We have seen this approach in action in BC for a number of years. An example is the Code Review, the government led review of the Health, Safety and Reclamation Code for Mines. In this case the BC government brought together representatives from industry, labour and First Nations to provide input in the review process - bringing all parties to the table on the best way forward.
What does this mean for you in the context of public relations and communications? External communications can be an absolutely critical tool in government relations. Ultimately governments are responsive to the public, to the voter, and the more you invest in public relations, the more you will help your cause. If you can get public buy-in, you will have a much easier go of getting government buy-in.
As such, it means you should not and cannot just reach out to your allies, you must reach out to all interested stakeholder groups. Not engaging is not an option and as governments turn to communities as a measure of the merits of a project, so too must industry increasingly engage with broad communities of interest.
President & CEO
After a recent trip to the State of Zacatecas in Mexico, it is now abundantly clear just how the uncertainty and instability created in the United States has provided substantial motivation for national and state level governments to solidify and expand existing economic relationships and plenty of incentive to search out new global opportunities.
Mexico has benefited from billions of dollars in the auto sector investment due to its geographic proximity to the United States market. For several decades, this close relationship with the United States has provided beneficial trade relations. The depth of the relationship has provided Canada and the United States with access to strong production quality and the ability to leverage positive economics while Mexico has gained billions in social and physical infrastructure investments. In fact, prior to the 2016 US election, Mexican officials estimated the domestic automotive sector growth included the productive of more than five million light vehicles across 13 different auto-brands through more than 30 facilities by 2020.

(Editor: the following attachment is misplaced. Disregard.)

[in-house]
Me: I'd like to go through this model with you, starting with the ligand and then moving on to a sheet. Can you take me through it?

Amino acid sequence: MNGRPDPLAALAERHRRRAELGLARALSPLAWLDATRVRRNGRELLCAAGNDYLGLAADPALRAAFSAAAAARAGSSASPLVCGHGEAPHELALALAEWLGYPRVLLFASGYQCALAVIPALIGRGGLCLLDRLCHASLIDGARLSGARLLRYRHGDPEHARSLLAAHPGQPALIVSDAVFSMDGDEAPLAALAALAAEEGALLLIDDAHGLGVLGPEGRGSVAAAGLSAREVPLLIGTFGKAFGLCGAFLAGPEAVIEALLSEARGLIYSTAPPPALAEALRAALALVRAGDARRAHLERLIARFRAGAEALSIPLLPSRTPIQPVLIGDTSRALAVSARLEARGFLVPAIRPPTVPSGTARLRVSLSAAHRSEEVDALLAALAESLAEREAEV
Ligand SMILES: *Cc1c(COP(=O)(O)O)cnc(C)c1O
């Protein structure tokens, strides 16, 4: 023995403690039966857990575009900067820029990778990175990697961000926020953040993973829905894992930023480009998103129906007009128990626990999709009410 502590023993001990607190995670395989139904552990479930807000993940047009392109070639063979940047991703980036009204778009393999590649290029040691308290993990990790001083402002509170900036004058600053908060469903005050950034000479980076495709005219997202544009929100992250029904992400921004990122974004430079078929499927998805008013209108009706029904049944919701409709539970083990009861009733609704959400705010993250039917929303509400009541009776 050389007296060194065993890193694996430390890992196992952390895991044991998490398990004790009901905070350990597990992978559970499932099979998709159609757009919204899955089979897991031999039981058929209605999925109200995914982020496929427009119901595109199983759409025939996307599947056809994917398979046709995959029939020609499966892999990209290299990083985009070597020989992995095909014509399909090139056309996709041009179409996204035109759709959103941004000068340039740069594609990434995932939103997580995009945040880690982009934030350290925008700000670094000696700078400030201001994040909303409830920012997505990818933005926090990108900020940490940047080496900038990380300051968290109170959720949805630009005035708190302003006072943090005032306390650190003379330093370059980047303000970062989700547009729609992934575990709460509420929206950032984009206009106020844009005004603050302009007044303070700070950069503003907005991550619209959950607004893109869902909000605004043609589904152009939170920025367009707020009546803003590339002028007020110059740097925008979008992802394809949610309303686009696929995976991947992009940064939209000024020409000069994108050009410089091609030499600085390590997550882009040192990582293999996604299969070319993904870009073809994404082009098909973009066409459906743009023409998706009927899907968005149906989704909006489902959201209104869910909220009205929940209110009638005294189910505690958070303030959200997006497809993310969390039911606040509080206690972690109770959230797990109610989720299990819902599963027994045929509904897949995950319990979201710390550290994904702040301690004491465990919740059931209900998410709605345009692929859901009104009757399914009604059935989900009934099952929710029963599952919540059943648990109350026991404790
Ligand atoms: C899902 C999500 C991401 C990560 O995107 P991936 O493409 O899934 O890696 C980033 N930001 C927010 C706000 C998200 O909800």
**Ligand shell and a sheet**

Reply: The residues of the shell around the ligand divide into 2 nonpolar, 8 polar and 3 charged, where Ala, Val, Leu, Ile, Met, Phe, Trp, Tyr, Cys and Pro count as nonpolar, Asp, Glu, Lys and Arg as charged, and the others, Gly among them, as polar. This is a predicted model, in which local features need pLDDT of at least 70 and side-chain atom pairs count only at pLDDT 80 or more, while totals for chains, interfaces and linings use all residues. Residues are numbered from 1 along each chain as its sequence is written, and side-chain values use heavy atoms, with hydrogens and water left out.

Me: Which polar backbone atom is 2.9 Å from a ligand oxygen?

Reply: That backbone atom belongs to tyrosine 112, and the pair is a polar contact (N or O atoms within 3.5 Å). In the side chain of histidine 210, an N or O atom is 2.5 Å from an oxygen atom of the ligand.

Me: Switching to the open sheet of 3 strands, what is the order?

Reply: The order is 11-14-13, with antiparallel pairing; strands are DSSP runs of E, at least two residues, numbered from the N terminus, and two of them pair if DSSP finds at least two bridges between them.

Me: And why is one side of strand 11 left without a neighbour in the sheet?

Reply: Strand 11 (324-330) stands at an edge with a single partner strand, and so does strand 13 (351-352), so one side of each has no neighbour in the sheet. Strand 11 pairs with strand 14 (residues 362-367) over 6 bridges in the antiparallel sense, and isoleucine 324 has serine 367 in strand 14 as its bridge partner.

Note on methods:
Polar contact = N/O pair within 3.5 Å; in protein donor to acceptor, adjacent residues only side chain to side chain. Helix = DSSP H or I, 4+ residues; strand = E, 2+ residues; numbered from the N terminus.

Currently, more than 80% of the domestic production is intended for export given generous access not only to North and Latin American markets but growing demand in both Asia and Europe. My trip to Mexico demonstrated the eager interest of States such as Zacatecas for diverse growth, not only in the auto sector but in information technology, Aerospace, tier two manufacturing among many others. The resource economy remains a strong counter with mining and agribusiness remaining strong in the State as well.
I witnessed first hand the massive facilities built by Nissan in neighbouring Aguascalientes. The complex was built in 2013 at a cost of roughly $2 Billion ($US) and created more than 9,000 direct and indirect jobs. This plant is nearly 6.5 million square feet of state of the art production facility. The Aguascalientes complex is just one of 3 that Nissan has in Mexico and typical of the kind of investments auto manufacturers have been making in Mexico since the mid-1990’s. Every major automaker has a substantial manufacturing and assembly presence, including the North American ‘Big 3’. However, this level of production has caused very public concern north of the Rio Grande.
President Trump’s protectionist policy framework has proposed that all import vehicles would be levied with stiff tariffs is meeting with substantial resistance, and not just from Mexico. Former US auto executives are helping to spell out what this would mean for the US economy, and the results would appear to contradict Mr. Trump’s intentions. A CBC report highlighted how Mr. Trump's threat to "wall off the import of Mexican-made cars with a 35 per cent tariff would be a disaster for the U.S. auto industry, according to Marina Whitman, a former vice-president of General Motors". The report goes on to note that 40 per cent of the parts that go into cars built in the U.S. come from Mexico.